Rewilding in a City; Making of the Aravali Biodiversity Park

Vijay Dhasmana
Park's micro-habitats are home to diverse flora and fauna
Vijay Dhasmana
The mining pits now store water during monsoon season. Park recharges about 320 million litres of water every year.
Wilderness is slowing becoming part of city's consciousness
Vijay Dhasmana
The park is maturing into a forest with its diverse habitats.

I first heard of the Aravalli Biodiversity Park in 2011 from Pradip Krishen, a friend and mentor in the field of rewilding. He asked if I was free to work with a small group of people—a citizens’ initiative—who wanted to plant ‘a million trees’ and create a nature park on an old mining site at the edge of Gurgaon.

The 380-acre site was bleak and forbidding. A former mining site for quartzite rock and its orange, gravelly degrade, known as ‘badarpur’, there was hardly any vegetative cover except for some straggling, invasive vilaiti keekar (Prosopis juliflora). Mining had ceased several years earlier, and was now banned, though the scars of extraction were still raw and ugly. It was April, and there were no grasses or shrubs to relieve the desolate scene. My heart sank a little as I walked around, taking it all in.

‘Iamgurgaon’ (IAG), a voluntary group founded by determined women – Latika Thukral, Swanzal Kak Kapoor and Ambika Agarwal – sensed early on that this large, empty wasteland on one edge of Gurgaon was vulnerable to encroachment or to being turned into a dumping ground, and proposed to Municipal Commissioner, Rajesh Khullar, in 2009 that it should be developed into a Park. Khullar responded warmly to the idea and asked for proposals. The architects at IAG then went to work. Atal Kapoor, the main architect, was in charge of steering the civil works and design in this initial phase.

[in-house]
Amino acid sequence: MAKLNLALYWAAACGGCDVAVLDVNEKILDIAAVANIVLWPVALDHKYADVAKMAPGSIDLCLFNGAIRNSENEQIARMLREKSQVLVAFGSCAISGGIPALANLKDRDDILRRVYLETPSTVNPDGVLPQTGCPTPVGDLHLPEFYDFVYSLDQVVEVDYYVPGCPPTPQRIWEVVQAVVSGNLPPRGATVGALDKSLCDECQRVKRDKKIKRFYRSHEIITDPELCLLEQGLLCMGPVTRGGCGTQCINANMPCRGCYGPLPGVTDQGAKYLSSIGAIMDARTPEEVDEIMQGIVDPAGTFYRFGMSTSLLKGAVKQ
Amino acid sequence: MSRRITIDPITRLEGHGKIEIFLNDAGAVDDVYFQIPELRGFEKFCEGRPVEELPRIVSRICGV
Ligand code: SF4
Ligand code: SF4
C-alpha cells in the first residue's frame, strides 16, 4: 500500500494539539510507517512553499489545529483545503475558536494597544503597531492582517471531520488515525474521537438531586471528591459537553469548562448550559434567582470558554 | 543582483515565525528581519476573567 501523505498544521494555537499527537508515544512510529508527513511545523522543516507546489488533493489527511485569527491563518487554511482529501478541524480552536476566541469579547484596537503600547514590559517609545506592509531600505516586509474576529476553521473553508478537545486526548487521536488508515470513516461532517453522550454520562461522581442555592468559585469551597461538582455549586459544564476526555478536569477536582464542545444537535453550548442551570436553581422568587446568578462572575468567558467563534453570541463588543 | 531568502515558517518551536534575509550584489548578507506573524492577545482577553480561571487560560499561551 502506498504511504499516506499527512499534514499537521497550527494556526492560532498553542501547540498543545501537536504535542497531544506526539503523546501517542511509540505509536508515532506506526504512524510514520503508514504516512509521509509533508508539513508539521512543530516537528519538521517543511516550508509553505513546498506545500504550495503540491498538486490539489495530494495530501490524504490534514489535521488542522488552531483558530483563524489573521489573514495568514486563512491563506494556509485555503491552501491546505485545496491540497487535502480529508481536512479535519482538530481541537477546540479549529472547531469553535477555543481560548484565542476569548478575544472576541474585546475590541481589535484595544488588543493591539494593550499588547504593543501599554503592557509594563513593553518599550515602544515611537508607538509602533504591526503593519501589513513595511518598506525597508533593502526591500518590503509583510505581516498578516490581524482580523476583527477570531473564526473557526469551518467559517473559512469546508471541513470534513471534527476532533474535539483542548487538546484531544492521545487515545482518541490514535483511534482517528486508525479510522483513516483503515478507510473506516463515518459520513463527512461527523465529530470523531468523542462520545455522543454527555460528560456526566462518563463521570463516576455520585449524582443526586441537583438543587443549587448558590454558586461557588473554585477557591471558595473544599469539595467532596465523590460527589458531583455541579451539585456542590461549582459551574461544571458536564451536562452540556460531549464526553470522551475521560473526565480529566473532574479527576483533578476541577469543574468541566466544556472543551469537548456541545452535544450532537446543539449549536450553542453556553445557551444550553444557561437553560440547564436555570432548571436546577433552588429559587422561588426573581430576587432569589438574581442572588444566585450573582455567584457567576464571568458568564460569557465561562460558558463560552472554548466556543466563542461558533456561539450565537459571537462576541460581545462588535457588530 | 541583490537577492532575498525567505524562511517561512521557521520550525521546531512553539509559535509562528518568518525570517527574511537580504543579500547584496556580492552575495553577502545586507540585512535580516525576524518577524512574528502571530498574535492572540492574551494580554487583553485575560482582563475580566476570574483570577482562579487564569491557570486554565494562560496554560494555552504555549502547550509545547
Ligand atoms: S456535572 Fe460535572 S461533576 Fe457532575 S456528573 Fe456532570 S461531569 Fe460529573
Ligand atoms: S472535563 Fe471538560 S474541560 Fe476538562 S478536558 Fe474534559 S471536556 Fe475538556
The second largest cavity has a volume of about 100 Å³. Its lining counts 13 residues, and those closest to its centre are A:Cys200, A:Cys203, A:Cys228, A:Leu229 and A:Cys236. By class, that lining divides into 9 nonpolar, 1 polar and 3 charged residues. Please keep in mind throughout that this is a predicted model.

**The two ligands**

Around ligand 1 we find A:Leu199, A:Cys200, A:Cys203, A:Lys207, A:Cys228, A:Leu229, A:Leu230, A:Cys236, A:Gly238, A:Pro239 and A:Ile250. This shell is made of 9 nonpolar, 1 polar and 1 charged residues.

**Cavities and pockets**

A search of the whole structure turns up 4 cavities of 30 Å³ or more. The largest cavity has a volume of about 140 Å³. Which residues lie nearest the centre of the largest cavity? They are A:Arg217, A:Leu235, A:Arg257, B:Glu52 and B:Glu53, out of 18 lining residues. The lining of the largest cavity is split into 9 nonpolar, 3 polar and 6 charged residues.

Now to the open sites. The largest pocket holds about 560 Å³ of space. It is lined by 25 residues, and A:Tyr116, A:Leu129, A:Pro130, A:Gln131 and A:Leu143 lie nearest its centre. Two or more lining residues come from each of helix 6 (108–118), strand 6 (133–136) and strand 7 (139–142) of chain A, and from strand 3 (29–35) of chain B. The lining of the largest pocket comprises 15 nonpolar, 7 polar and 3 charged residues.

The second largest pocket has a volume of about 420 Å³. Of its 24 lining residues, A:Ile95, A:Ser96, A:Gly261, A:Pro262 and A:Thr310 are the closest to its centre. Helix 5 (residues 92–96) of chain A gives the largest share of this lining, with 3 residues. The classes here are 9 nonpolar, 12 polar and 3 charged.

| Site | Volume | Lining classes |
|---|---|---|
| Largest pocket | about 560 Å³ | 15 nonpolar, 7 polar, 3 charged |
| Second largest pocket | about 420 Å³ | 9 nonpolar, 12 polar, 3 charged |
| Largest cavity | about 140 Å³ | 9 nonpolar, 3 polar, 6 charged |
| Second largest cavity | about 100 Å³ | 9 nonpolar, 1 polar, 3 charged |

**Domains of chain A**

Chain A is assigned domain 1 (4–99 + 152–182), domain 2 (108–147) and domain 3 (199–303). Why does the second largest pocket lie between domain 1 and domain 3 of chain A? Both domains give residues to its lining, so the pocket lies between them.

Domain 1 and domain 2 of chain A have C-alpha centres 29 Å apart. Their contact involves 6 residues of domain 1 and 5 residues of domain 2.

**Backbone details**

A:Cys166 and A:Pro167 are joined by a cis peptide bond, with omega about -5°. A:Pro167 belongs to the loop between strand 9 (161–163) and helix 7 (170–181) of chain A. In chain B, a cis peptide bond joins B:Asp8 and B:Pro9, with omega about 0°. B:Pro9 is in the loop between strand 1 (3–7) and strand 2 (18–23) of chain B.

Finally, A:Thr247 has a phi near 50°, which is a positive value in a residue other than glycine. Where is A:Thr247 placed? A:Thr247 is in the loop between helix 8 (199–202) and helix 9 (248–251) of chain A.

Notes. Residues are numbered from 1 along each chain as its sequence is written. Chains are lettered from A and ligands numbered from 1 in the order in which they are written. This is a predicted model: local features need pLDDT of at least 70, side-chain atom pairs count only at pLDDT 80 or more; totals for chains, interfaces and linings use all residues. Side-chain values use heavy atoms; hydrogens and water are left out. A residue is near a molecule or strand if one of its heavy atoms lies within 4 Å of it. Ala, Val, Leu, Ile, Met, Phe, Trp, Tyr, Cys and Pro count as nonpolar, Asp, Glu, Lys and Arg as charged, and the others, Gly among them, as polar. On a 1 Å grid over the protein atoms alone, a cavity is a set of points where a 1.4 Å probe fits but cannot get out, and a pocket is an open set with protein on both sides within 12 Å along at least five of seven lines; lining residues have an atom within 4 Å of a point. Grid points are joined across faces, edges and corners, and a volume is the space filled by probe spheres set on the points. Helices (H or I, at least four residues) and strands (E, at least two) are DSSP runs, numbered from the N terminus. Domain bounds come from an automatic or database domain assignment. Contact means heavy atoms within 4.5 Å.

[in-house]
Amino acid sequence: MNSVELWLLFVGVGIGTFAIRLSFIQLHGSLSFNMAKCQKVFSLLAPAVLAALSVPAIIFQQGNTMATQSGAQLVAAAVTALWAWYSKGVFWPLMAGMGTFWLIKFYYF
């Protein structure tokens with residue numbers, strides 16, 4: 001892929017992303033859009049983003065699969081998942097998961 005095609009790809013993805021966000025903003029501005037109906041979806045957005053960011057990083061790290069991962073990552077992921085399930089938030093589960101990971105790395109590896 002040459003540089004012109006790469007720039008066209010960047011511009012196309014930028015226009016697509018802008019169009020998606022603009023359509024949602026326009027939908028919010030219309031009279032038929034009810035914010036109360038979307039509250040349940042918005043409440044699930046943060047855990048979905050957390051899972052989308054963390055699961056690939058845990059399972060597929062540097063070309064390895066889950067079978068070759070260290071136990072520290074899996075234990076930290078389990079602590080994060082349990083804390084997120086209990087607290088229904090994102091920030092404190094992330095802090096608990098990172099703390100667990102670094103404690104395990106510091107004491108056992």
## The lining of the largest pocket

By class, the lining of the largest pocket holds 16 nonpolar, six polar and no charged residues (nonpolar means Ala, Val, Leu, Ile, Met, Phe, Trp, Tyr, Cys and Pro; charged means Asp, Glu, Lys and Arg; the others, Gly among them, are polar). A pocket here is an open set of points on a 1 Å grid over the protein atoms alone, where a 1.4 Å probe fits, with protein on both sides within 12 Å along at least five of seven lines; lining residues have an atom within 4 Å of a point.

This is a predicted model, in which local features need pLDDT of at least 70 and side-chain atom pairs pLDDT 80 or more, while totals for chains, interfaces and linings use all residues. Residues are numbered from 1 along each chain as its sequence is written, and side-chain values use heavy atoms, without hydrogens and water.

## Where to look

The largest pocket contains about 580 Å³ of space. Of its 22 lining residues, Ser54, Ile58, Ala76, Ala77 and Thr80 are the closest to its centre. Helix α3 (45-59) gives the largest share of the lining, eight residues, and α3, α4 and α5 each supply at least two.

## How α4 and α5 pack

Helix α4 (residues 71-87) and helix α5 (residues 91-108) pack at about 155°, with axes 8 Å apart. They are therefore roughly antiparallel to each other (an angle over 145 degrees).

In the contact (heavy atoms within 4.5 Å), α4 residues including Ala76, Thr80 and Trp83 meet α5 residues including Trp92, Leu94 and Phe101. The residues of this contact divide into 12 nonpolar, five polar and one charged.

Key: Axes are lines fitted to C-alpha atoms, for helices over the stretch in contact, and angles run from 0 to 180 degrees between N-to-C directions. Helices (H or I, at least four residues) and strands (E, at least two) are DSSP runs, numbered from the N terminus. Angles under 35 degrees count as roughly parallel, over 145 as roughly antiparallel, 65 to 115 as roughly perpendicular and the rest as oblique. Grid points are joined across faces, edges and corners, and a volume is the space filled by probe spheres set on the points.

The Haryana Forest Development Corporation (HFDC) did the first avenue inside the Park in 2010, lined with Brazilian jacarandas, Australian bottlebrush trees and Madagascaran gulmohars. The planting scheme took off on this misguided note, with mostly exotic garden trees for a dry, rocky Aravallis landscape.

There’s nothing surprising about HFDC’s choice of species. This is how the Forest Corporation — all Forest Corporations in this country — thinks and works. There’s no attempt to find a match between a landscape being planted and the choice of plants. Ultimately, all such agencies just pick an assortment from the tried and limited stock of mostly ornamental trees and shrubs that nurseries have on offer.

As the rains of 2011 approached, IAG hatched a plan to plant a ‘million trees’ in Gurgaon, in collaboration with Municipal Corporation of Gurgaon (MCG), starting with a plantation drive that would lift off from the Biodiversity Park. I hadn’t quite hit my stride yet but was assured that ‘a lot of native species’ were being sourced from the Punjab. (Though I did wonder: ‘Really? Where in Punjab’?!)

Nurseries in India don’t usually raise or stock forest species. They don’t think that this is their remit. As it turned out, what arrived from the Punjab by the truckload were trees like neem, pilkhan, peepal, katsagaun and seesham, instead of chamrod, salai and dhau that I had been led to expect. Hundreds of people turned up at the Park on our first planting day. We had little of any value to offer them to plant, but we went through the motions.

Within IAG we had a huge churn and everybody slowly began to see that it wasn’t about planting a million trees. It was about creating a landscape and a habitat that was in harmony with the plants that grew in it. It felt like we had crossed a major milestone!

The change of attitude and strategy within IAG did not come about easily, several visits to Mangar Bani, Sariska and other lovely forests of Aravallis inspired the team to take up the vision to create a native Aravalli rocky forest-scape with its full panoply of plants—trees like dhau, kummatth, salai, doodhi and dhak, lots of shrubs and the full range of ephemeral grasses that spring up in the rains.

We took the new Municipal Commissioner Sudhir Rajpal to see Mangar Bani so he could see what we meant when we talked of native wilderness. He was supportive and enthusiastic.

MCG ratified the goal of making the Park into a City Forest. IAG was formally assigned the tasks of carrying out conservation work in the Park, setting up a nursery of native plants, and doing whatever research and surveying was necessary. We were given eight years—from 2012 to 2020—to implement these tasks.